Review: ‘The Nowhere Inn’ is a trippy exploration of persona

Recording artist St. Vincent and Carrie Brownstein of “Portlandia” team up for a beguiling yet frustrating mockumentary that explores the role of the modern performer.


“The Nowhere Inn” is a mockumentary starring St. Vincent and Carrie Brownstein that was released on Sept. 17. The film is an experimental look at the role of the modern performer. (Image courtesy of IFC Films)

Isabella Armus, Deputy Arts Editor

Warning: the 2021 mockumentary “The Nowhere Inn” is a little weird. Directed by Bill Benz and written by and starring Carrie Brownstein and rock musician Annie Clark, who performs as St. Vincent, as exaggerated versions of themselves, “The Nowhere Inn” is a kaleidoscopic fiction in which two women attempt to retrospectively analyze their careers but end up tearing each other apart at the seams. This exploration is done, or rather undone, by Brownstein’s offer to make a documentary about St. Vincent’s real-life 2017 “MASSEDUCTION” tour as a distraction from her recently rejected pilot and ailing father. The film makes it clear that this documentary was never actually finished, so “The Nowhere Inn” ended up becoming an in-depth catalogue of what went awry. 

Brownstein begins the project within a project by filming St. Vincent backstage at her first show. She quickly finds out that St. Vincent — known just as Annie offstage — is much more mellow than her electric onstage persona, as she spends most of her time playing board games and espousing the virtues of fresh beets. This bothers Brownstein. A lot. So much so, in fact, that she explicitly tells Annie how boring she thinks Annie is compared to St. Vincent: “Why can’t you be her all the time?”

This comment strikes a nerve with the singer. Afterward, St. Vincent stares at herself in the mirror in anguish. Suddenly, she’s basked in neon red lighting and all reservation disappears — Annie Clark is gone. The plot spirals from there as the performer devolves into a stereotypical erratic diva. St. Vincent starts demanding to be formally introduced whenever entering a room, to reshoot every line to make sure it’s perfect and to wear her stage costumes at all times. With each outburst, it becomes harder to tell whether St. Vincent is performing this persona out of spite or if Annie’s truly losing herself, which Carrie finds both distressing and intriguing as she keeps the camera rolling.

Though this pseudo-rockstar behavior is a trope that audiences have seen before, St. Vincent and Carrie carefully reveal these patterns to be a subversion of the expectations put onto them as artists. We see these pressures manifest in scenes toward the beginning of the film, like when an acerbic music critic demands free tickets to St. Vincent’s concert and then complains about how rude the singer is while sitting in on dress rehearsal. Similarly, Carrie’s father occasionally checks in with her to both congratulate her on her first directing gig and remind her that this is a job he can finally boast about to his friends. Even the people closest to these women feel entitled to their time and energy simply because they’re performers. Therefore, both women have equal reasons to be insecure despite their onslaught of success. So when Brownstein snaps at her friend, St. Vincent has ammo to fire back — which she does by coldly neglecting her throughout her meltdown.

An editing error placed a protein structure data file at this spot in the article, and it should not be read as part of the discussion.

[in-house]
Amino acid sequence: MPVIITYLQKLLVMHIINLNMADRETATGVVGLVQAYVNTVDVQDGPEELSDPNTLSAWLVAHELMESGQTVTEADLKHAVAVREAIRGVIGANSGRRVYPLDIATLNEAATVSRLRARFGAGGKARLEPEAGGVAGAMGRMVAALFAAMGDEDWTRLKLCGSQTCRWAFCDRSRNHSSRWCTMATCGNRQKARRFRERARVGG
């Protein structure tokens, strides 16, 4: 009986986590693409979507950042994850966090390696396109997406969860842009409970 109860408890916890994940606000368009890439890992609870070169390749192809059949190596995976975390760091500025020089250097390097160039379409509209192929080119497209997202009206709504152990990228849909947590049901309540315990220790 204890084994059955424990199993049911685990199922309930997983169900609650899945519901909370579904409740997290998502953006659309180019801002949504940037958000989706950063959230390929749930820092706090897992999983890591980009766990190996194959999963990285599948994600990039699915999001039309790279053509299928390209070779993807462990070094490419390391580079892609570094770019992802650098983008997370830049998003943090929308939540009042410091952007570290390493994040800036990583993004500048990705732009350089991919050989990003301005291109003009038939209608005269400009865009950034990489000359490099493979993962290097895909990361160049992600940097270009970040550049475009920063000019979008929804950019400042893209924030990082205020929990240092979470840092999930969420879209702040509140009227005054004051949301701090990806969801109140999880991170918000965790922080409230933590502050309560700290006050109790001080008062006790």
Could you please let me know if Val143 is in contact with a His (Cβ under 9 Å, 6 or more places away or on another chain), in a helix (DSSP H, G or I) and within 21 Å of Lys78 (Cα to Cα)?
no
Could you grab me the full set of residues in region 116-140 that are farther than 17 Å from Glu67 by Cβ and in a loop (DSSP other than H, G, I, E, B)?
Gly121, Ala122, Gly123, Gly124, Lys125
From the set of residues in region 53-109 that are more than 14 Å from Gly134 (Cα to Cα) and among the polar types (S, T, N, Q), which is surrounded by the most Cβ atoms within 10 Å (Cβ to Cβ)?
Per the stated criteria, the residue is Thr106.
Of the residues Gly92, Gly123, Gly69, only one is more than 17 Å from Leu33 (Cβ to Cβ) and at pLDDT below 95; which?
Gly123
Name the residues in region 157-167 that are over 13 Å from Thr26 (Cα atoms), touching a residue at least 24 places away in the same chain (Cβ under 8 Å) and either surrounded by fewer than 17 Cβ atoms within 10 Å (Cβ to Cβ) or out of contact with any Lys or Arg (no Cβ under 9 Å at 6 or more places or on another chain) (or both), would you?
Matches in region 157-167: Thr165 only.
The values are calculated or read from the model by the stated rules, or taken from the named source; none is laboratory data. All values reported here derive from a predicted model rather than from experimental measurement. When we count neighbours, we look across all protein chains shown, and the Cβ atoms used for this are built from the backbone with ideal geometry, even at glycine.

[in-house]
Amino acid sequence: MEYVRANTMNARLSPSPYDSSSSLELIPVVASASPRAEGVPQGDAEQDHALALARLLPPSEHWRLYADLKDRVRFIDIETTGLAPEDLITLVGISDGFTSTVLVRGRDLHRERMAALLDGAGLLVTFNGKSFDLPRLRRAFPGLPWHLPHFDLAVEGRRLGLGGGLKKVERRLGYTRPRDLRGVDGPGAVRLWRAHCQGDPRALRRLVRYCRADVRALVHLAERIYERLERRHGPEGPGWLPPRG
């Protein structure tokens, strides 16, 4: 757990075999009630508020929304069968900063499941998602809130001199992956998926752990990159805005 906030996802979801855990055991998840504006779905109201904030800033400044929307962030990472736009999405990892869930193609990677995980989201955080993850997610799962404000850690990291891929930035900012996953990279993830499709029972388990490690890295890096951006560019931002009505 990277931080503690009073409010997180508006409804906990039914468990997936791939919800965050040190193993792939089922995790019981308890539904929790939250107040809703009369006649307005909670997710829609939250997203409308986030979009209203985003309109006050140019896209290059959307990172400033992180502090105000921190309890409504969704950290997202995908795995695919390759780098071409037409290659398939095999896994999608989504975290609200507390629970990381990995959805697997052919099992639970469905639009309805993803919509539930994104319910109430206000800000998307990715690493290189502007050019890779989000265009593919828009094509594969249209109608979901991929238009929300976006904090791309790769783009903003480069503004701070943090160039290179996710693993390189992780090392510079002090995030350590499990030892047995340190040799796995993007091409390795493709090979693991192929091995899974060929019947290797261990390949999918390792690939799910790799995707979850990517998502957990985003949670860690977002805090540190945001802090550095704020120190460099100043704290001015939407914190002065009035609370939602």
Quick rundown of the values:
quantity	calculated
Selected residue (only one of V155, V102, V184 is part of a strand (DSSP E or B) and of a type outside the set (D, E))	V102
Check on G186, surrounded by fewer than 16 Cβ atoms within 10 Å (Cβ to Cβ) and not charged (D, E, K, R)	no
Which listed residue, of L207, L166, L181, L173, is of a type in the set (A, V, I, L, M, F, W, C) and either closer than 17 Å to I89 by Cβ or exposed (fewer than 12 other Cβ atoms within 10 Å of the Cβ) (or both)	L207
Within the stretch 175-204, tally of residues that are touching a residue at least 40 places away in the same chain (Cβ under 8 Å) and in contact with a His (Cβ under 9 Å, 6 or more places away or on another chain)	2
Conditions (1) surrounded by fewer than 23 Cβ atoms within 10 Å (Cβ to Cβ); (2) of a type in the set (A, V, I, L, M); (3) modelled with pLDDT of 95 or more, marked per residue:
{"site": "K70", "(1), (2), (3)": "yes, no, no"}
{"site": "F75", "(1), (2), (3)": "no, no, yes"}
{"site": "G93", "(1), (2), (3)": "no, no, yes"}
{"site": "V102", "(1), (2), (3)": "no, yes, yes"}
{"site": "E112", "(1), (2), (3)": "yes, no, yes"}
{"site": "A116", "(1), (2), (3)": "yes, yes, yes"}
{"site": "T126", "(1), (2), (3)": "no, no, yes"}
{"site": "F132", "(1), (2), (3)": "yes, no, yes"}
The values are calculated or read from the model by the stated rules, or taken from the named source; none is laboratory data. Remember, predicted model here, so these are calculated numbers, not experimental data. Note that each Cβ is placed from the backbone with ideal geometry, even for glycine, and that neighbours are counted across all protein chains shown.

As rich as this premise may be, “The Nowhere Inn” actually predicates most of its impact on its aesthetics and influences. From Lynchian dream sequences of winding roads to dynamic concert footage scattered throughout the feature, each shot is more enticing than the last. Brownstein and Clark also pull out of the “Portlandia” handbook for some masterful sequences of absurd humor, including a bizarre detour through Texas Americana where St. Vincent adopts a fake family to pose in front of the camera, or when Carrie is forced to record St. Vincent and her girlfriend artificially writhing around in a hotel bed. St. Vincent remains apathetic and regal throughout the myriad of hijinks while Brownstein awkwardly leers in the corner, which is an infectious dynamic that may cement the two as the next best female comedy duo.

Unfortunately, this deconstruction of fame and female friendship starts to wither further into the runtime. A major narrative shortcoming is the film’s failure to establish who Brownstein and St. Vincent truly are outside of the madness. It’s stated throughout the film that St. Vincent is a very private person, and this mockumentary seemed like a way to retain autonomy while divulging honesty about her own life. However, we never actually get a picture of who St. Vincent is outside of being a musician or Brownstein’s disappointing muse. Brownstein also gets the short end of the stick, as her relationship with her father is only alluded to and never resolved. The film simply doesn’t have a center to hold onto as chaos ensues, thus becoming a parody of a subject the audience doesn’t understand.

Despite the lack of a finite conclusion, “The Nowhere Inn” is a brazen piece of experimentation that never dares to bore the viewer. It’s a disappointment that the St. Vincent and Carrie Brownstein characters that the two women wrote for themselves only feel like esoteric pawns within their more ambitious metacinematic experience. However, even though this might seem like a risky watch for audience members unfamiliar with Brownstein or Clark’s quirky oeuvres, seeing two creatives swing and thrash around this hard might be worth the trip.

A version of this article appeared in the October 4, 2021, e-print edition. Contact Isabella Armus at [email protected].